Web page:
Judges: Kanawha County can’t depose prosecutor before hearing
The attorney representing Kanawha County commissioners in their attempt to remove county Prosecuting Attorney Mark Plants won’t be allowed to question Plants before a hearing on the matter.
Three judges appointed to hear the removal petition wrote in an order filed Friday that the rules of civil procedure don’t apply during removal proceedings and that Plants isn’t subject to any exceptional rule, which would have permitted a deposition.
Plants faces two misdemeanor charges after striking his 11-year-old son with a belt multiple times and allegedly violating a domestic violence protection order that said he wasn’t allowed contact with his ex-wife and their two sons.
Plants’ office has been taken off most cases involving domestic violence-related charges because a circuit judge ruled that a conflict was created when Plants said what he did isn’t a crime. Special prosecutor Don Morris is being paid $200 an hour to handle those cases with a team of assistants.
County commissioners argue, among other things, that state law requires elected officials to do their jobs. Plants can’t do his job, commissioners say, and it isn’t clear when or if he’ll ever be able to.
Preston Circuit Judge Lawrance Miller, Berkeley Circuit Judge Christopher Wilkes and Doddridge Circuit Judge Timothy Sweeney will hold hearings Sept. 22 and 23 in Charleston to decide if Plants should be removed from office. The West Virginia Supreme Court appointed the judges to hear the removal petition.
Melissa Foster Bird, attorney for the commissioners, had requested that a videotaped deposition of Plants be held Sept. 4 at his attorney Jim Cagle’s office.
Bird argued that even if the rules of civil procedure don’t apply, Plants “holds knowledge of specific events at issue that only he knows” and should still be subject to a deposition under an extraordinary rule that involves public officials.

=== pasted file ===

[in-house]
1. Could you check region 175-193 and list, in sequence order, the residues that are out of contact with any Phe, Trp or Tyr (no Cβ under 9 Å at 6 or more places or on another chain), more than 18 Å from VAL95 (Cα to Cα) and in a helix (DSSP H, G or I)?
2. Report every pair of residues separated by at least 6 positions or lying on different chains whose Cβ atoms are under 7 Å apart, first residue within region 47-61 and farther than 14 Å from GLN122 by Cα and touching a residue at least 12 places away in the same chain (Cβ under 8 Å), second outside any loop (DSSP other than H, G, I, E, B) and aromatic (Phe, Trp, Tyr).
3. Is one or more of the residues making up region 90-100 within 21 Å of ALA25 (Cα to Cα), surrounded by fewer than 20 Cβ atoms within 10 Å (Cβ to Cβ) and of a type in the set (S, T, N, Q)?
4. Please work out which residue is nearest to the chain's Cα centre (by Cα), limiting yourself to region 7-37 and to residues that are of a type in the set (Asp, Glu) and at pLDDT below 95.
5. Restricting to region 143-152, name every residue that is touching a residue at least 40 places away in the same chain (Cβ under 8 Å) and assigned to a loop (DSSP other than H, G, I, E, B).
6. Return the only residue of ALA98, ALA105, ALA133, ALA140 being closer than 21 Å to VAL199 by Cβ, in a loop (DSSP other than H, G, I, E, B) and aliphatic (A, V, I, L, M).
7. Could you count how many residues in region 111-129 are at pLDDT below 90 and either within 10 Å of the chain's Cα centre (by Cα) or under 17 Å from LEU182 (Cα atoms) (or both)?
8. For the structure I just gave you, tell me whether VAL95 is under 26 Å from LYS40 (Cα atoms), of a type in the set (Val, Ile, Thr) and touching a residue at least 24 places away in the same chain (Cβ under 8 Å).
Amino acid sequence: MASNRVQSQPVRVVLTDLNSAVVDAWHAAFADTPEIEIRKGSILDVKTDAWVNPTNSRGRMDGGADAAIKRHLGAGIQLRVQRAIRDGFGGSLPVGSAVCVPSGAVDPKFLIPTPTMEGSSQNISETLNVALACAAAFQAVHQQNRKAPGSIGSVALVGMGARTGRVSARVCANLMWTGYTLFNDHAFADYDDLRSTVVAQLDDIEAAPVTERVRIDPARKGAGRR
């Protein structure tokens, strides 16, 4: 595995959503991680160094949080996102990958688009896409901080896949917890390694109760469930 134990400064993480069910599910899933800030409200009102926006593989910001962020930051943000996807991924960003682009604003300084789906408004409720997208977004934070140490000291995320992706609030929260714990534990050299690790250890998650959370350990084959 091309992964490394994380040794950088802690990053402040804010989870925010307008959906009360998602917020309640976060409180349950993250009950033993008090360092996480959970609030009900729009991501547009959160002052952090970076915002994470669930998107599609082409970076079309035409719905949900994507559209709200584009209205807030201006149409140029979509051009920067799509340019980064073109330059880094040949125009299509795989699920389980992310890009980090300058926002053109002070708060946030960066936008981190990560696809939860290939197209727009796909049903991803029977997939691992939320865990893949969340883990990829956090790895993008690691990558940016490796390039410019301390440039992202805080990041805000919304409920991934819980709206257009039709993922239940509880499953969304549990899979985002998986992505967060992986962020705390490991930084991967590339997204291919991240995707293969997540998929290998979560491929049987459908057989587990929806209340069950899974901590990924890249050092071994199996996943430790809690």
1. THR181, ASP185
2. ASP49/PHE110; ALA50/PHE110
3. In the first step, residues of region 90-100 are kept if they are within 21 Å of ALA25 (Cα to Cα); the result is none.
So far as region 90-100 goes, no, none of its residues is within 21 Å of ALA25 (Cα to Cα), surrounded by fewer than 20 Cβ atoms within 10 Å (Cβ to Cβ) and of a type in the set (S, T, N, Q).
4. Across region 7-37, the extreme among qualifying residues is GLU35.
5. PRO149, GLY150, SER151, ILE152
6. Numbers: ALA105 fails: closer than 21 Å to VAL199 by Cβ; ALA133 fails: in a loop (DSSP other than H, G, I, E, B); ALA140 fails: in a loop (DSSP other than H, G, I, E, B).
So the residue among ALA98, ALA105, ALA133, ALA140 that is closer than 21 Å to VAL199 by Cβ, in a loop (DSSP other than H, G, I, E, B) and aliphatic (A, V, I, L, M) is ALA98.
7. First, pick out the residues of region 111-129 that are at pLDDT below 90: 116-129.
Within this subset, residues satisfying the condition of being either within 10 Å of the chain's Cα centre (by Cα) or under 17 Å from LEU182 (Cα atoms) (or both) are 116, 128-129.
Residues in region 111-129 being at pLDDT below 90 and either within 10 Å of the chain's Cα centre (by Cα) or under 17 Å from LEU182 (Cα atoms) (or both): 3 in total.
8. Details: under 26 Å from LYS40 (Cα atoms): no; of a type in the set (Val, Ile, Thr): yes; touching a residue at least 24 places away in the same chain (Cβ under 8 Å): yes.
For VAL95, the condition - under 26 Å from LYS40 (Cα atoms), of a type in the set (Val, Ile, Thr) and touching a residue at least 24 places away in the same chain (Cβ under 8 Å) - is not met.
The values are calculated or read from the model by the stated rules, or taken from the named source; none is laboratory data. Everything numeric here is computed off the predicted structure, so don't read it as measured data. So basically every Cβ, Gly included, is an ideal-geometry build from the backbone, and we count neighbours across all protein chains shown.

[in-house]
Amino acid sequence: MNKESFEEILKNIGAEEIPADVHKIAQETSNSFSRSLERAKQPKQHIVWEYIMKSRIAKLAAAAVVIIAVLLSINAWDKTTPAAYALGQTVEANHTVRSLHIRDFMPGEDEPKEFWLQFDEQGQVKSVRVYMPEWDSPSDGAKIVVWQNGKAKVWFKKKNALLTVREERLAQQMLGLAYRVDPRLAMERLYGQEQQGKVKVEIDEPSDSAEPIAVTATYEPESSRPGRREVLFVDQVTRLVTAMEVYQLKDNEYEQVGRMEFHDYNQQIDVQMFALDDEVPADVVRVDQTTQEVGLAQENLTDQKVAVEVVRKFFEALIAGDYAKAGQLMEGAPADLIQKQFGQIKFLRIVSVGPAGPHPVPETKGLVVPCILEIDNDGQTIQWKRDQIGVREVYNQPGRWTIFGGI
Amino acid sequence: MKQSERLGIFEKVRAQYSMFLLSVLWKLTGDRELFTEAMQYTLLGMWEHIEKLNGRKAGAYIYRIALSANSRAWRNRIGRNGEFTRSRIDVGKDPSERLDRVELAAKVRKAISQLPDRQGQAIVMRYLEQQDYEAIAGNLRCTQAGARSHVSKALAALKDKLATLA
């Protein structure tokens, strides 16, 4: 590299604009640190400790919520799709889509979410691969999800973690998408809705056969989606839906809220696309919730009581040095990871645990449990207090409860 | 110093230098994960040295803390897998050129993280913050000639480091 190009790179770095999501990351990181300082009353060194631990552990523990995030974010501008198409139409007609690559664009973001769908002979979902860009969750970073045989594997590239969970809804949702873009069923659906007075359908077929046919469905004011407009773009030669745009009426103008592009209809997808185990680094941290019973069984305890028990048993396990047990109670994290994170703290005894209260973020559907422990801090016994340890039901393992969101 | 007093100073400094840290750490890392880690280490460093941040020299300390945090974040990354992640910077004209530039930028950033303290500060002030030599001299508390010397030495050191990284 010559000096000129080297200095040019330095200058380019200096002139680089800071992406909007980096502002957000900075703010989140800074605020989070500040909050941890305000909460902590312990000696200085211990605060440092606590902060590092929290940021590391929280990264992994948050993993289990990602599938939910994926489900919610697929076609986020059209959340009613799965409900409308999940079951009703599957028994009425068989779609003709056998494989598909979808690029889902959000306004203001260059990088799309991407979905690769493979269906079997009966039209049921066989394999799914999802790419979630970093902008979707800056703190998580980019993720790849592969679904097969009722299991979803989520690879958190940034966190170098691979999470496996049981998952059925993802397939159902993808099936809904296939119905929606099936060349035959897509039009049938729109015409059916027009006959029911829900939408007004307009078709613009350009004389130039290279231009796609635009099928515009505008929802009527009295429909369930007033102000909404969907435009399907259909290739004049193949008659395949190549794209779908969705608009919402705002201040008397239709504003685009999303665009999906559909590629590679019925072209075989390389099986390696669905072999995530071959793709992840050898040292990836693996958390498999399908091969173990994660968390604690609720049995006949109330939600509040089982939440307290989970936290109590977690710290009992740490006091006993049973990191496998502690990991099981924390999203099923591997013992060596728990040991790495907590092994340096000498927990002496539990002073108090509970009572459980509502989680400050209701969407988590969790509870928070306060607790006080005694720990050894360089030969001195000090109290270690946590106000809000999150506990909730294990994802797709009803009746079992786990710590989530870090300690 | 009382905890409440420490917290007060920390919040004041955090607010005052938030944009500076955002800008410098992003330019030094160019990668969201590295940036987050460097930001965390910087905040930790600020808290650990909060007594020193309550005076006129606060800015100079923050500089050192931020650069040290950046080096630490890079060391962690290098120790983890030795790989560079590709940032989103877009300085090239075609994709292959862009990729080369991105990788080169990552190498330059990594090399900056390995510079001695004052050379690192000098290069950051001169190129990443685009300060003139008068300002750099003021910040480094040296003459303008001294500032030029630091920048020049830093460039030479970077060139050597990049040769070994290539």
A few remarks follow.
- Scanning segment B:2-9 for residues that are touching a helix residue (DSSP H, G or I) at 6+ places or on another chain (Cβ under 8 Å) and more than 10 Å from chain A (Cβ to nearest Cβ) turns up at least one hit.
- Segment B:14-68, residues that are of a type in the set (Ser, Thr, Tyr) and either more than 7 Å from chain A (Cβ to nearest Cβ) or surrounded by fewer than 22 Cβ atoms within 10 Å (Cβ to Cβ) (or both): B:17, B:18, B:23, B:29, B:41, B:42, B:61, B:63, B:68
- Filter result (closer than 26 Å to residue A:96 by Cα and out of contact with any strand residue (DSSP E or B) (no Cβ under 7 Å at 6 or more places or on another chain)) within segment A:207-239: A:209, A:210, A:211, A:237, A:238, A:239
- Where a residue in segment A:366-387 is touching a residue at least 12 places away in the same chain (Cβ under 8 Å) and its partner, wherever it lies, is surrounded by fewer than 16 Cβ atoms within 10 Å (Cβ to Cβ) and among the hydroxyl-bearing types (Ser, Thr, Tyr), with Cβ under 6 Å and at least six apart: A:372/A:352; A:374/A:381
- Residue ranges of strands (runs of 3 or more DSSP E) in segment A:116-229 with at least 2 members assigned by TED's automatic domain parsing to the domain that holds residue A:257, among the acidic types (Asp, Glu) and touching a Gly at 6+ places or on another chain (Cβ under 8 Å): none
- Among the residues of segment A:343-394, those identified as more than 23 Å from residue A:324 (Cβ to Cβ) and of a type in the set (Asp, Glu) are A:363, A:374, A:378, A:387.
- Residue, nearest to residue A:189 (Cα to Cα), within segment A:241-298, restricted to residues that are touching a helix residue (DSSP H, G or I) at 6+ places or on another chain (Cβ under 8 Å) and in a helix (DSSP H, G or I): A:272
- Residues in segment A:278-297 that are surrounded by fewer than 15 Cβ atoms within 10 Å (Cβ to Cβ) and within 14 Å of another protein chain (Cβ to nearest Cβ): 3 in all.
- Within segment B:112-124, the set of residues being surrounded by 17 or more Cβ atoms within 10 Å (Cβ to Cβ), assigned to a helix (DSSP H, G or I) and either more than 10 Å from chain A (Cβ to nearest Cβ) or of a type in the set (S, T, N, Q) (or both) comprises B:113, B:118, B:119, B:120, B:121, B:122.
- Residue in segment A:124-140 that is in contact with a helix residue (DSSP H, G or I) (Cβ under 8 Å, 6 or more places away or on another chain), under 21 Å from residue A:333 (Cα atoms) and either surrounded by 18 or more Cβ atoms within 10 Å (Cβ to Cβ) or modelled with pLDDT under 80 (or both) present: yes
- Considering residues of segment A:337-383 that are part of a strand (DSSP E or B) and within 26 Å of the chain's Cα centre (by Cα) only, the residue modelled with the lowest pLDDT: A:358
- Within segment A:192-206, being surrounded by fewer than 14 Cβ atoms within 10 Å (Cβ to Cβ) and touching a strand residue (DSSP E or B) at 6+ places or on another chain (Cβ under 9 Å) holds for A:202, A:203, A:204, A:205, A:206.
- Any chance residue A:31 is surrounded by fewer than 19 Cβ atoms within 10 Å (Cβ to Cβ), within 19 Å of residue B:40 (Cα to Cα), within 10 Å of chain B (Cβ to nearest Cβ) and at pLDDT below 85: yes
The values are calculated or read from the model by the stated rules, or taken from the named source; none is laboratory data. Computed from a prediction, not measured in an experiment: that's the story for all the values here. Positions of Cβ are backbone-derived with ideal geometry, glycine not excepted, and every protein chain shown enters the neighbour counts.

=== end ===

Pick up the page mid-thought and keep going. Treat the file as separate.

The judges found, however, that those special circumstances “have not been shown to exist in this case or that [Plants] holds knowledge of specific events at issue that only he knows.”
Bird said the ruling wouldn’t hurt the commissioners’ case.
“I feel entirely confident about the facts we laid out in our petition, and those facts support his removal as prosecutor,” she said. “Deposing him would have allowed me to explore other areas — things that I’ve heard, different sorts of issues that we wanted to explore a little further, but not being permitted to depose him doesn’t change any of the facts in the petition.”
Cagle said he will file an answer to the petition against Plants by Friday — even though he doesn’t believe the law requires him to do so.
Last Friday, the judges entered a scheduling order that said a list of witnesses and exhibits for the hearing later this month must be filed with them by Sept. 15.
Meanwhile, Plants is attending a batterer’s intervention program in Putnam County while a magistrate appointed to hear his criminal case decides when to set dates for jury trials. Mercer County Magistrate Mike Flanigan has said there will be separate trials for the charges.
Plants changed his mind after the removal petition was filed and said he wanted to go to trial because being acquitted would help his defense against the removal petition. He previously had made a deal that, after he completed the 34-week intervention program, prosecutor Sid Bell would consider dropping the charges. Flanigan ruled, though, that, even if Plants wants a trial, he must continue in the program.
Reach Kate White at firstname.lastname@example.org, 304-348-1723 or @KateLWhite on Twitter.